NEWS | August 8, 2012

New, interprofessional course on quality improvement to launch this fall


With a focus on the health system's commitment to interprofessional education and the goal of preparing well-qualified health-care professionals for the future, two professors from the School of Medicine and the School of Nursing collaborated to develop a new, interprofessional course that opens this fall.

"Improving Quality in Health Care" provides students the skills to utilize systematic approaches to identify and address health-care quality issues and design ways to improve efficiency, outcomes and satisfaction.

"By learning together, health professionals gain multiple perspectives to better work and communicate as teams in all settings," said Debra Bakerjian, one of the course creators. "We look forward to working with students across the health disciplines to teach them the fundamentals of quality improvement and guide them in applying quality improvement methodology to address health-care issues. This type of education is essential to meeting our health system's mission to improve lives and transform health care."

The class is open to medical, nursing, public health, health informatics and Mentored Clinical Research Training Program students.

The course creators, Bakerjian and Ulfat Shaikh, will also lead the instruction. Bakerjian is an assistant adjunct professor at the School of Nursing and vice chair for Family Nurse Practitioner/Physician Assistant Studies. Shaikh is an associate professor of pediatrics and director of health-care quality integration at the health system. Both faculty members are part of the Nursing Science and Health-Care Leadership Graduate Group, the interprofessional group that leads the UC Davis graduate nursing programs. 

The six-unit course will span the fall and winter quarters. Students will acquire core knowledge about quality improvement methodology and then partner in interdisciplinary teams with UC Davis Health System clinicians to develop quality improvement projects, implement the projects and evaluate the impact on care. To complete the course, students must develop an abstract for submission to the health system's annual Integrating Quality Symposium, which takes place in March.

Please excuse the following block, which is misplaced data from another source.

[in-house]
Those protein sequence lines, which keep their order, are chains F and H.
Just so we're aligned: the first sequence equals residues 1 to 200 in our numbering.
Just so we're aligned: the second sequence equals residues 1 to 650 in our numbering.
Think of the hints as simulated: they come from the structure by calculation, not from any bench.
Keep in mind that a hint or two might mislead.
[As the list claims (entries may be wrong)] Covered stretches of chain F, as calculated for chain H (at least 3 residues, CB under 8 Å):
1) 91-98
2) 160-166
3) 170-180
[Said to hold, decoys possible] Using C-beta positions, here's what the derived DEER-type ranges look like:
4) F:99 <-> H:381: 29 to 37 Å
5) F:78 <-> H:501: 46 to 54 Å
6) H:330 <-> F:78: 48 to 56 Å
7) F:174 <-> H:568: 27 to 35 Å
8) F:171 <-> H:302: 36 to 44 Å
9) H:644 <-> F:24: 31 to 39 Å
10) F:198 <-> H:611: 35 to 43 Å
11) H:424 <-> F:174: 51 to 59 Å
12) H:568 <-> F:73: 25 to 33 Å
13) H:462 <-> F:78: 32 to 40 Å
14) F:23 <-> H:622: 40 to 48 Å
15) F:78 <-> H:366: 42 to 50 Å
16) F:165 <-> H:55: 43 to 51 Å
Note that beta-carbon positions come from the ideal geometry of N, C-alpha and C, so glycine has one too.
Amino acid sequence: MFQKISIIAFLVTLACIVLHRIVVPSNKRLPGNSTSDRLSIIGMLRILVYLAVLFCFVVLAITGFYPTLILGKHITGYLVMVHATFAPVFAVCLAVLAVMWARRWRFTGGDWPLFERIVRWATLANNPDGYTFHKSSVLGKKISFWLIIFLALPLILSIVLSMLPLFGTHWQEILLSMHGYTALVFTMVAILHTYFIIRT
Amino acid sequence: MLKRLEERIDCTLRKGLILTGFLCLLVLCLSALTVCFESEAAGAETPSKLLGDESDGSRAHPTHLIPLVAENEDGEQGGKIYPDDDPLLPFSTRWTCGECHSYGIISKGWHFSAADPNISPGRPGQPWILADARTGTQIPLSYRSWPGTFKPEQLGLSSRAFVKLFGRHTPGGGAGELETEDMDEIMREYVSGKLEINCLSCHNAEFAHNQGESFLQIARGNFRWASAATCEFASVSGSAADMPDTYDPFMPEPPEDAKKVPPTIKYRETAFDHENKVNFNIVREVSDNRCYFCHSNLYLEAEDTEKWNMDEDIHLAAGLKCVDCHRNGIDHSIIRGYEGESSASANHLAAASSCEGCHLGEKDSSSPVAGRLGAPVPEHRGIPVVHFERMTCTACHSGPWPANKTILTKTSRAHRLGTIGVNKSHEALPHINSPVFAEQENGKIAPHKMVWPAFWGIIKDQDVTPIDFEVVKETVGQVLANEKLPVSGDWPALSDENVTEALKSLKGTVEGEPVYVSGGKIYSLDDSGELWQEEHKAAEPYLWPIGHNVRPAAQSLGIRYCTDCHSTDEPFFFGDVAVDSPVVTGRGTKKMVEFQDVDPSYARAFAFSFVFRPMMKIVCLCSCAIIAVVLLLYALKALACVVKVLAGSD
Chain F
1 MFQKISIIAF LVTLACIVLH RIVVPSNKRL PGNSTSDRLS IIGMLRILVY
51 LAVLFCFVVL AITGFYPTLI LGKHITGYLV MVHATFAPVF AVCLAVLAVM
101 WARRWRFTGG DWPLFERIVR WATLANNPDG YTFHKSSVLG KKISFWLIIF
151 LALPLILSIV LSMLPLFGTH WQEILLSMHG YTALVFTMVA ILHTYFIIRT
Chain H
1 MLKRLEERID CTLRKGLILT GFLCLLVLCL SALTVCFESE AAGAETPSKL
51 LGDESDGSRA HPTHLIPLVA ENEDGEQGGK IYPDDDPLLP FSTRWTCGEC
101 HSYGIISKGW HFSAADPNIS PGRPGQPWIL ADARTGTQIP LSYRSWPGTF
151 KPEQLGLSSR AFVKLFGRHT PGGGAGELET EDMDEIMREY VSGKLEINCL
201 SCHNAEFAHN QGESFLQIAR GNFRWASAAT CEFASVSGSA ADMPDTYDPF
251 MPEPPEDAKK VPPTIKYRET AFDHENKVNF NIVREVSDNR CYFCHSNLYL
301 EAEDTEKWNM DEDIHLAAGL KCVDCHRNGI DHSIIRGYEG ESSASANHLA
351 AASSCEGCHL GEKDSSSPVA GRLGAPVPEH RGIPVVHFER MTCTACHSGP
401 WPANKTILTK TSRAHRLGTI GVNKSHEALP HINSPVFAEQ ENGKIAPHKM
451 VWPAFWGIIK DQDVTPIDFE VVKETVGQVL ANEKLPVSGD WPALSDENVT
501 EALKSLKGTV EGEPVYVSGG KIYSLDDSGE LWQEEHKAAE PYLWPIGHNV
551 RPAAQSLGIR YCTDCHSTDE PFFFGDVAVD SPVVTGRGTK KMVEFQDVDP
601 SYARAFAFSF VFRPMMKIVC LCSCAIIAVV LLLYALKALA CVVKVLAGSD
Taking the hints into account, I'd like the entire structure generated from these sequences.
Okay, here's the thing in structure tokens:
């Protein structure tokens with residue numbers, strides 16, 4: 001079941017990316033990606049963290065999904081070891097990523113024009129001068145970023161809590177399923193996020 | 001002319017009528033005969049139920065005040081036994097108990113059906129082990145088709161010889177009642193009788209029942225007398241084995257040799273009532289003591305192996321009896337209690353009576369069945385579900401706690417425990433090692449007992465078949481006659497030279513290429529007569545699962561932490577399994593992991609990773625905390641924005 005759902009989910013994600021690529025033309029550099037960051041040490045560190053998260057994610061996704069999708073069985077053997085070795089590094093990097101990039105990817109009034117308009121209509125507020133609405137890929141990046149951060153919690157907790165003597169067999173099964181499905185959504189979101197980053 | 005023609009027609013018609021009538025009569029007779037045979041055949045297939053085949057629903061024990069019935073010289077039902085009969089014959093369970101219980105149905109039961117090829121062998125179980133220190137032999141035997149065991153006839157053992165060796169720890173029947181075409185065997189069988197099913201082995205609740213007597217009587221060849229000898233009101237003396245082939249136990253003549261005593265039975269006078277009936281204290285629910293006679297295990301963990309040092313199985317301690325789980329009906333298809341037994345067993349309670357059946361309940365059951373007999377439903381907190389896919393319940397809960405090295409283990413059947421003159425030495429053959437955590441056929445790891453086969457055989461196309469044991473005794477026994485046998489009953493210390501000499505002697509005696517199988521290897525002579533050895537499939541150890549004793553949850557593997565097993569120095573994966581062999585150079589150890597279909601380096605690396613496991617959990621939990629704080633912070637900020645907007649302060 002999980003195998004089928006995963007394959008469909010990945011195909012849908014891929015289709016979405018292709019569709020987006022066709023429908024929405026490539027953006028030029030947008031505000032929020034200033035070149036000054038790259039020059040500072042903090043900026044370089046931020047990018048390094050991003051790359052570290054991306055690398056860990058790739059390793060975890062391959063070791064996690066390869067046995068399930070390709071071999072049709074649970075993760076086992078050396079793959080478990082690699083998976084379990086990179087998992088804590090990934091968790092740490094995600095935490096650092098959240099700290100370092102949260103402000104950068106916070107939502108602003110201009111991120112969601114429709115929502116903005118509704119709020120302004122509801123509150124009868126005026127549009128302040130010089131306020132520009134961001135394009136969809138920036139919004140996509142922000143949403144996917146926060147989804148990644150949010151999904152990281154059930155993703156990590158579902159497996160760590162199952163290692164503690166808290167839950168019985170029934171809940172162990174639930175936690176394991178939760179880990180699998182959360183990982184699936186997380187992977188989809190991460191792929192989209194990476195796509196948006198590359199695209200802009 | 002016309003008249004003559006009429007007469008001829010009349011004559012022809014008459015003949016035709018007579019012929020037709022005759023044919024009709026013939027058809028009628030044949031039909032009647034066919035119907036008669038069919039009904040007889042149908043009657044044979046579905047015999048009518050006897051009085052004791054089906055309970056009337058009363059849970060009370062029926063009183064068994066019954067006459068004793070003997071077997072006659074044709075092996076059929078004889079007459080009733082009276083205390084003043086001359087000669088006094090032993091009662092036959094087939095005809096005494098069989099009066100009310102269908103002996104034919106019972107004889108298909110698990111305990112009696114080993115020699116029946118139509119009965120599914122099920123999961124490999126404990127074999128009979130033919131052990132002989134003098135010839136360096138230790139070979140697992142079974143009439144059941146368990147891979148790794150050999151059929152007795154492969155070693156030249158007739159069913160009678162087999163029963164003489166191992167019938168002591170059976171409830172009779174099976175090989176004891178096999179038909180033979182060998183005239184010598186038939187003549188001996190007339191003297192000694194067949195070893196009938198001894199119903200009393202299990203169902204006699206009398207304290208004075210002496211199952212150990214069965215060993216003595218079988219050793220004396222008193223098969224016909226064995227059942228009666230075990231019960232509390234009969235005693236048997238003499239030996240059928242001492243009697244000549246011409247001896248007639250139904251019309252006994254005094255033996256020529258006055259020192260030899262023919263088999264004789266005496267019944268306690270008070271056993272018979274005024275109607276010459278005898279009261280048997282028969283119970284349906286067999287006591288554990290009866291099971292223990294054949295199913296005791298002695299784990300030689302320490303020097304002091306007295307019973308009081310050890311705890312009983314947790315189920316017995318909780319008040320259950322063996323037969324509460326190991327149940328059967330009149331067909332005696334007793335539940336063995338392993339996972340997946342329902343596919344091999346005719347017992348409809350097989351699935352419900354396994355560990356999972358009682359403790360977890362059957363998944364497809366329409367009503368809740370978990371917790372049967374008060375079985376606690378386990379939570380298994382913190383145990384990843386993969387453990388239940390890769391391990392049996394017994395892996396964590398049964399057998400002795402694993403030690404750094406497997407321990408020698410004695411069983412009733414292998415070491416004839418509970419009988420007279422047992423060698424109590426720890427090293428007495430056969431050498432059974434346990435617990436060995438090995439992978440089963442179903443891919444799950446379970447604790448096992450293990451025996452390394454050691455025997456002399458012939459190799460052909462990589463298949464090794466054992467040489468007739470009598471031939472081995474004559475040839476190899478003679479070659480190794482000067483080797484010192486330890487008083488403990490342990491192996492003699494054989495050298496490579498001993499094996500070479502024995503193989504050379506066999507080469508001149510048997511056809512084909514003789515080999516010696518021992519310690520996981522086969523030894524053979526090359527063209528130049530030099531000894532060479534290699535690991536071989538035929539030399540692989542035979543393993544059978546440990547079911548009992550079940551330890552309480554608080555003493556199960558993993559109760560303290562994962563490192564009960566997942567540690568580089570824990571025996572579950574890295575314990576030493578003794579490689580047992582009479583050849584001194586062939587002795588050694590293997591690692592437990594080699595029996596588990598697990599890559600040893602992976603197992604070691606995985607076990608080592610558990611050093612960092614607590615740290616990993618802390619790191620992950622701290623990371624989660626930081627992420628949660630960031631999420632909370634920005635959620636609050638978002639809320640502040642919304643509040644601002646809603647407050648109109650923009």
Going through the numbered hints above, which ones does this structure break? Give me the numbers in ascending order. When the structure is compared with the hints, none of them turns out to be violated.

Shaikh, one of the key organizers of the Integrating Quality Symposium, said the course also reinforces the health system's commitment to system-wide quality improvement, in education and practice.

"We are one of only a few health-care institutions in the nation that have made integrating quality improvement in health education and clinical programs such a major priority," Shaikh said.

This course is one of several interprofessional class offerings at UC Davis Health System, including "Reducing Cancer and Health Disparities," and "Geographic Information Systems."

The Quality Improvement Student Interest Group, which includes nursing, informatics, medical and public health students, requested more educational opportunities regarding quality improvement, which led to the creation of this course.

UC Davis Health System is improving lives and transforming health care by providing excellent patient care, conducting groundbreaking research, fostering innovative, interprofessional education, and creating dynamic, productive partnerships with the community. The academic health system includes one of the country's best medical schools, a 619-bed acute-care teaching hospital, a 1000-member physician's practice group and the new Betty Irene Moore School of Nursing. It is home to a National Cancer Institute-designated comprehensive cancer center, an international neurodevelopmental institute, a stem cell institute and a comprehensive children's hospital. Other nationally prominent centers focus on advancing telemedicine, improving vascular care, eliminating health disparities and translating research findings into new treatments for patients. Together, they make UC Davis a hub of innovation that is transforming health for all. For more information, visit